city: nature: golden gate park
You'd be wrong.
Golden gate park is, almost down to a tree, artificial. In the mid 1800's, almost the entire western half of what is now san francisco was restless, barren sand dunes. The effort to build and preserve golden gate park as a lush, green nature preserve has been a long, hard fight, not against the forces of nature so much as political ridiculousness.
This quicktime vr movie is a 360 degree view of hippy hill. Every sunny weekend, drummers, dancers and their audience soak up the sunshine here. The large green bowl is a short walk from haight street.
gate park: history
Assuming the feds would win control of the land as part of the land acquired by the usa in treaty with mexico, homesteaders started staking claims. The city claimed the land was really part of the pueblo of san francisco under earlier mexican law, and eventually won. It struck a compromise with the settlers to provide them clear title for their land in exchange for city land for hospitals, fire stations, schools and parks.
The city looked to be shortchanged in the deal, but the area designated for golden gate park turned out to be a good location: being mostly sand, it had good drainage, and there was a good supply of underground water.
In 1870, a state commission was formed to start building the park. The commission was appointed by governor haight, and included city supervisors now known as neighboring streets: stanyan, ashbury, schrader, cole and clayton.
A southerner named william hammond hall was appointed to engineer the shifting sand into something more friendly. Hall started by grading valleys and hills to divide the landscape into useful forms, and planted sand grass imported from france to anchor the dunes. The curves and turns of the hills and roads were designed to slow down vehicle traffic and tame the ocean winds. Roads were separated from pedestrian paths and the low meadows designed to attract wildlife.
The politics of today haven't changed much since then: over a century ago there was already the practice of new mayors replacing city employees with their friends. Good public employees were regularly replaced with idiot political contributors as political tides changed.
After a change in city leadership, hall was replaced by a series of less able engineers. When the political tide ebbed back, hall returned as an engineering consultant to find a mess brewing.
There were many trees planted too closely, so he started thinning out the dying saplings to encourage growth. The public was outraged that trees that took so long to get started were being cut down, but that can be expected, as democracy does not engineer very well. Thinning continued.
The sandy park was using a lot of water, but there was no money to build wells to tap the known sources of water just below the surface. So instead, water was purchased from a private company. As bills rose past $1000 per month, the park started refusing to pay them, and so the water company started refusing to pay taxes. The two windmills on the west end of the park were eventually built, each designed to pump fresh water from underground uphill to the rest of the park.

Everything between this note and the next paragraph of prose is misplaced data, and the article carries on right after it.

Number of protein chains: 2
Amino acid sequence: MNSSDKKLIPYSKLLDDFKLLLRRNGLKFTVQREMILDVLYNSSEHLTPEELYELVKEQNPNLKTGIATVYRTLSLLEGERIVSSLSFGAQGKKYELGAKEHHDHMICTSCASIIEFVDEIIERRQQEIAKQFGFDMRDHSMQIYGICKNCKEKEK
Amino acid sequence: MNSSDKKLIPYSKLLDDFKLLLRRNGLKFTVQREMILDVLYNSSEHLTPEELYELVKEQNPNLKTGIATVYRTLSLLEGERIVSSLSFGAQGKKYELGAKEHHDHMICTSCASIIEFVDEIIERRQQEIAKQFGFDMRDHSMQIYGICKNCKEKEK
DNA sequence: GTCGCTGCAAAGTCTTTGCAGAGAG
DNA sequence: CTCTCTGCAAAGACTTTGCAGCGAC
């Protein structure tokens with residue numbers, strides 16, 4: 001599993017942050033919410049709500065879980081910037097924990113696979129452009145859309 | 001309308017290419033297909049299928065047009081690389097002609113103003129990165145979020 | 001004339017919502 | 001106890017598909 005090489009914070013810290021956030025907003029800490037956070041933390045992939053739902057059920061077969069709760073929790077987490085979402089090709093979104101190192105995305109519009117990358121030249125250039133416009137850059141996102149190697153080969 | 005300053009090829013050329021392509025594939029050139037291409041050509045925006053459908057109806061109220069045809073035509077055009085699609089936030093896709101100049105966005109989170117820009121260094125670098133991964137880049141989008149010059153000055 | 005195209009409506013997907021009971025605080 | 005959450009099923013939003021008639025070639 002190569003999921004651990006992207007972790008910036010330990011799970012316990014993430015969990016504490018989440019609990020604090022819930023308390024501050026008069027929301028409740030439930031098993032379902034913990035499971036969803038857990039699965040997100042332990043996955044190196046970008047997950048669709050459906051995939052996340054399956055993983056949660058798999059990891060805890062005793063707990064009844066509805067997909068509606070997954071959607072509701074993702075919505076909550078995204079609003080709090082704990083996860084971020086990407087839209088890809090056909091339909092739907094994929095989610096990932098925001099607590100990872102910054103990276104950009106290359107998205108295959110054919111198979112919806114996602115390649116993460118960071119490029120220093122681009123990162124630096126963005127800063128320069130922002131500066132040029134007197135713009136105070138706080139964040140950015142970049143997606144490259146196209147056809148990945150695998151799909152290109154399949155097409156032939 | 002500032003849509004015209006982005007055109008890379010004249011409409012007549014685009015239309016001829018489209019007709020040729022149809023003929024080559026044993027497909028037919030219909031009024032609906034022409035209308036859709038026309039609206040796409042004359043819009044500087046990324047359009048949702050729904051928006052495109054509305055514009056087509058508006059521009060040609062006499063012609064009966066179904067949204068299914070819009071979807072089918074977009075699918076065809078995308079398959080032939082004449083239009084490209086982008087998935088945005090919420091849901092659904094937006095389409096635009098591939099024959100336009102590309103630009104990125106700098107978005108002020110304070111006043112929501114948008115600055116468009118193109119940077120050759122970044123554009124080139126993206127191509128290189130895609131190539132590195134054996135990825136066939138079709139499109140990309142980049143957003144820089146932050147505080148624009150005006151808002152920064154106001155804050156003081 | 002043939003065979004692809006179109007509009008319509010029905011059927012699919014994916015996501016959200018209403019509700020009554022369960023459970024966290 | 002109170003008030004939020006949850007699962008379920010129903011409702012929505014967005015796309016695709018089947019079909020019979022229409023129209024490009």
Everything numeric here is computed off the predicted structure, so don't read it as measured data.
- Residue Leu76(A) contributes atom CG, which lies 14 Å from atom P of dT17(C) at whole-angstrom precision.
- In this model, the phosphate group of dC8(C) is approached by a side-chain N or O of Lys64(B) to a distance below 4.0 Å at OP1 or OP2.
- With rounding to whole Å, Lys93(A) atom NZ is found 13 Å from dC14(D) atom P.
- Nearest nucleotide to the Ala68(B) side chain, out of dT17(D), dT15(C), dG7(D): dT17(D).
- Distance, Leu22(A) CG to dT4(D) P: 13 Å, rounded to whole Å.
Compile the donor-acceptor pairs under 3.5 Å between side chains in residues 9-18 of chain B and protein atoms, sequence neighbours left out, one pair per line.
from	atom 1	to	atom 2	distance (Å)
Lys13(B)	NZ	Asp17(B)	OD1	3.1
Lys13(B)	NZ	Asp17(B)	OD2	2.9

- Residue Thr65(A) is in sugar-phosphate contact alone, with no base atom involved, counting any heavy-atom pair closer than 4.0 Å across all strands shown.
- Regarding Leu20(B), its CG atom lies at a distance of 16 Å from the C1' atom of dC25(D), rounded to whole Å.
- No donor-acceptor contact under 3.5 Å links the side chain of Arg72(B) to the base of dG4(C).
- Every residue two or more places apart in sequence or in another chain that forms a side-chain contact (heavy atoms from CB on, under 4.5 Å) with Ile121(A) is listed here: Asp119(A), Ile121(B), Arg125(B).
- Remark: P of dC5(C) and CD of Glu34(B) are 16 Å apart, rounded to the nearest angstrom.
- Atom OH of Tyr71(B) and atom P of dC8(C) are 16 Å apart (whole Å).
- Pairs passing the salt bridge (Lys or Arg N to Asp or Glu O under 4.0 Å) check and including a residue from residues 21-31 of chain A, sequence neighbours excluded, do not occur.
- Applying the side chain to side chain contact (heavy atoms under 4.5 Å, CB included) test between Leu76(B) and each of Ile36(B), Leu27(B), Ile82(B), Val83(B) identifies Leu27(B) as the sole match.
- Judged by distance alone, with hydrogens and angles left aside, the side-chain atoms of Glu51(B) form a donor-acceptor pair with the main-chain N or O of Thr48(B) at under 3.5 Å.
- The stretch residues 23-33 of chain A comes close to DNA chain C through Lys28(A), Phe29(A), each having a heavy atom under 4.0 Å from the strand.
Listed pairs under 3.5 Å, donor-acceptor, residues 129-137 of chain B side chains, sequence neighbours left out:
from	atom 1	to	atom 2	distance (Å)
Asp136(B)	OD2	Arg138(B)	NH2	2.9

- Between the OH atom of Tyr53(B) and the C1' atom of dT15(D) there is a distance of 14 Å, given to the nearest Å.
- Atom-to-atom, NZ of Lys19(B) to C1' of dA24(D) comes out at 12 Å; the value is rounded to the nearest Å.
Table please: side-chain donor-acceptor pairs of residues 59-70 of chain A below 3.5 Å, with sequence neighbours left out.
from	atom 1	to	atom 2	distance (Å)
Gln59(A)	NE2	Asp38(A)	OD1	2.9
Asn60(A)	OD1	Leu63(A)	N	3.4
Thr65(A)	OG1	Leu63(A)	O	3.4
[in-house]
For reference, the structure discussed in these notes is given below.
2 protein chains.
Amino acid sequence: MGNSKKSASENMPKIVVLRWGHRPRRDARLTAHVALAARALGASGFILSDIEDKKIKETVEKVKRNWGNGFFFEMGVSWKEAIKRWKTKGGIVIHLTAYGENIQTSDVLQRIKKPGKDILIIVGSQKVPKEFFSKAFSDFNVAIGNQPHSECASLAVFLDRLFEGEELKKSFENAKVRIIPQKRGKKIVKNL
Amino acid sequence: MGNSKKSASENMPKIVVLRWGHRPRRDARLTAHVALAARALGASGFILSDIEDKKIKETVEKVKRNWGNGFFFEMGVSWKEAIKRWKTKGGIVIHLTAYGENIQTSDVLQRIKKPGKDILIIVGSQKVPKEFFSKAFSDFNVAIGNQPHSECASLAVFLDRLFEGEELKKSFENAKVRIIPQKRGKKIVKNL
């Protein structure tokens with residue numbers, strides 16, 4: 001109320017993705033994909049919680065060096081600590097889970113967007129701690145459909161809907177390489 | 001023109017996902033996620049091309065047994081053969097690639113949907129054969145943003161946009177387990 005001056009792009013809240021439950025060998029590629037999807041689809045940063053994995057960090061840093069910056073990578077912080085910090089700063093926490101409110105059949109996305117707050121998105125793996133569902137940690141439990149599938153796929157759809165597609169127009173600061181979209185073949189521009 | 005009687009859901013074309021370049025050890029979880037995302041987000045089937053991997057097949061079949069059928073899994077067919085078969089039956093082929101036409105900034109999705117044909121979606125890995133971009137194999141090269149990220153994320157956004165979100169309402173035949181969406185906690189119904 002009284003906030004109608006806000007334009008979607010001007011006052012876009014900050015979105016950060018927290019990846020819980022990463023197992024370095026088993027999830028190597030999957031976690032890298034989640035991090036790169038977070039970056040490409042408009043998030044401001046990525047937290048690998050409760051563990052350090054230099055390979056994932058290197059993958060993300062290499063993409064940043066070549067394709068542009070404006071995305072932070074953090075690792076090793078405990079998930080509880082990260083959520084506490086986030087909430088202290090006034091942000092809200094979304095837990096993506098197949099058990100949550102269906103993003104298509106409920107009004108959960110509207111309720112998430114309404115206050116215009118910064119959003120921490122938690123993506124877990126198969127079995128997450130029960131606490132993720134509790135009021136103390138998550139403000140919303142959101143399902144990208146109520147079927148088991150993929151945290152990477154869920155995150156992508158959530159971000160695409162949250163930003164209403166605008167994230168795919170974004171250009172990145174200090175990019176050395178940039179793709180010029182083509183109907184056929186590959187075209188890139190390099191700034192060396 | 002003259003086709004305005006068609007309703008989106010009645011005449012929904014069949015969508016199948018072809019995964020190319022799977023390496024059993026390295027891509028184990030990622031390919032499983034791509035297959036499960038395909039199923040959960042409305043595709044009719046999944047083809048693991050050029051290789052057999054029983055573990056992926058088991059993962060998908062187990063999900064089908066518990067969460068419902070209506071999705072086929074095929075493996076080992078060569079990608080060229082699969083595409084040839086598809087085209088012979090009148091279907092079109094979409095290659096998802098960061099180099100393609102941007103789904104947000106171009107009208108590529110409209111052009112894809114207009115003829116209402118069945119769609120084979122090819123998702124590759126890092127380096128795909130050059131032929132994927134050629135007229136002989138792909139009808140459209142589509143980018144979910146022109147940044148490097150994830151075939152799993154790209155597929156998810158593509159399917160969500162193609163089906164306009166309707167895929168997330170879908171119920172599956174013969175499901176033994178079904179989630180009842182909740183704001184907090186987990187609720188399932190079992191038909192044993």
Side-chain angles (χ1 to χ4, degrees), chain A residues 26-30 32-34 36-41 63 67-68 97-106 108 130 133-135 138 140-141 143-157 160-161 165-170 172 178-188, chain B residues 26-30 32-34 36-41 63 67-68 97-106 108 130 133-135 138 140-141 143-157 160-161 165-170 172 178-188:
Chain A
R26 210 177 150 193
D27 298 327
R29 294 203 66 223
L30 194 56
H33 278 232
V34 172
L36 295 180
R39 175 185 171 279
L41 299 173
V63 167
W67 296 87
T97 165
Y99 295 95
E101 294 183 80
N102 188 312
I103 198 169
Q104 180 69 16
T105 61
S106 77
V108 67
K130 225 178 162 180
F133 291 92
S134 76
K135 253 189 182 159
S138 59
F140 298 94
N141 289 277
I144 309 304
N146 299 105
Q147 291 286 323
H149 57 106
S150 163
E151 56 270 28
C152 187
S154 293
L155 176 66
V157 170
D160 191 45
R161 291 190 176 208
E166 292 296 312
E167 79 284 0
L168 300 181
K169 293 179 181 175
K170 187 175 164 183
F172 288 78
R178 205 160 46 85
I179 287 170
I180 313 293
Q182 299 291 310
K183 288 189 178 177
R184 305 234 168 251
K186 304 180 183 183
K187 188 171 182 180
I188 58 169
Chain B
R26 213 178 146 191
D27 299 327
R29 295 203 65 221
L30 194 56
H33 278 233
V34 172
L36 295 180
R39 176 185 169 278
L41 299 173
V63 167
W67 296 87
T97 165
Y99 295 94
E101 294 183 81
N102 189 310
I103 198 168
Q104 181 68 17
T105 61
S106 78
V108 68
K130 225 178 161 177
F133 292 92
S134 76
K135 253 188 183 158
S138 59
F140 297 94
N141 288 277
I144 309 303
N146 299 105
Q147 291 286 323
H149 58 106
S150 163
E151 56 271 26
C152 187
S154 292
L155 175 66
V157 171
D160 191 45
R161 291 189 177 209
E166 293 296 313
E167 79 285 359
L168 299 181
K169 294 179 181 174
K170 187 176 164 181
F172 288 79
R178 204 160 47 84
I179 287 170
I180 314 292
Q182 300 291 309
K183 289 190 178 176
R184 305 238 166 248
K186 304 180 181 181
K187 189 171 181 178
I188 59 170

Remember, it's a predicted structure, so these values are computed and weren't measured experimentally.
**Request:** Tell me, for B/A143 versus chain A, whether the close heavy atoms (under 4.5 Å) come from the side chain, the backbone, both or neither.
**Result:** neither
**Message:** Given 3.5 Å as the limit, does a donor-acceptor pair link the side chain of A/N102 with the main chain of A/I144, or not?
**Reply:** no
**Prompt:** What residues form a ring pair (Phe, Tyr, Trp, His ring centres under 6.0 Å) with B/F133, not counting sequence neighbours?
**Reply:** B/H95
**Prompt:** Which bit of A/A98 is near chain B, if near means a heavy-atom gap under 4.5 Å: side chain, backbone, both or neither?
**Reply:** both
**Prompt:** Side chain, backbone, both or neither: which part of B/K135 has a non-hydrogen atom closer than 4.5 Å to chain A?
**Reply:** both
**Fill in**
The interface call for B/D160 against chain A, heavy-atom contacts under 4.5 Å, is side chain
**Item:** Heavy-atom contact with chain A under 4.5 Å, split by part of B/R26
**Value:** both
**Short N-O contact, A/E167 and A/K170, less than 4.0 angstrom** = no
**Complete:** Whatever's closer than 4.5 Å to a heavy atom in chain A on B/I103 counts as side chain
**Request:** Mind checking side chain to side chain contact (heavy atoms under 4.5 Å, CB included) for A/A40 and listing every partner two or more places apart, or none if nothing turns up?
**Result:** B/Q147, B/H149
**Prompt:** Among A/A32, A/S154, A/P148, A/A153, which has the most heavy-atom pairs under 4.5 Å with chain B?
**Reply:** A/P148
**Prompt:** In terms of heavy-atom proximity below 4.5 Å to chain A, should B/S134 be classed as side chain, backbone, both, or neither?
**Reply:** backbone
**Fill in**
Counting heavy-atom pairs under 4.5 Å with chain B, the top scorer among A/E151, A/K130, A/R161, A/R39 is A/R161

Another fight started when heavy trucks with narrow wheels started tearing up park roads. The park refused entry of narrow-tired trucks. The road department complained, saying less wear on roads would require less road work and cost men jobs. The park refused to change the policy, so the roads department stopped hauling its street sweepings and horse manure to the park for fertilizer, and began dumping it in the bay instead. The issue took a decade to resolve.
Hall's assistant john d. mclaren took over in 1887, and managed the park for the next half century, until his death at the age of 96 in 1943. Mclaren insisted on keeping the park a park, and not a development zone.
As today, there was pressure to generate revenue from the park, rather than consider it a public resource. A midwinter fair in 1894 delivered the first blow to the park, promising to use five acres and return them to back to parklands when the fair was over. Instead, the fair eventually took 160 acres, and then balked at restoring the park land afterward.
The development associated with the 1894 midwinter fair and a series of add-on developments thorough the years built the music concourse area where the de young museum and california museum of sciences are now. These institutions now have plans to build a huge underground parking garage and a modernist new building for the de young within the park.
The great earthquake of 1906 trampled the park under the feet of 200,000 refugees, who cut down trees for firewood and trashed park greens, totaling $175,000 of damage. But the greatest ruin came from the refugee camp's increased use of park roads for auto traffic, which developed major streets that still cut through the park.
In 1915, the pan pacific exposition planned to temporarily develop the western end of the park and promised to return the parklands to their original condition. Fortunately, the exposition was instead held in the marina and cow hollow area. Even so, the organizers tried to dump the remaining buildings in golden gate park afterward. The fair prompted then president taft to exclaim, "san francisco knows how!" The city that knows how has become an optimistic city slogan since.
Throughout the last century, the park has been asked to receive ego donations and named gifts of various kinds, from statues of all types to unwanted buildings to 'gifts' of private development, all named after the giver, that the city has ended up paying to support and maintain.
On sundays, the main drive through the park is closed to traffic, and the main portion of the park is turned over to bikers, skaters and walkers.
More information about the park, sf history and john mclaren:
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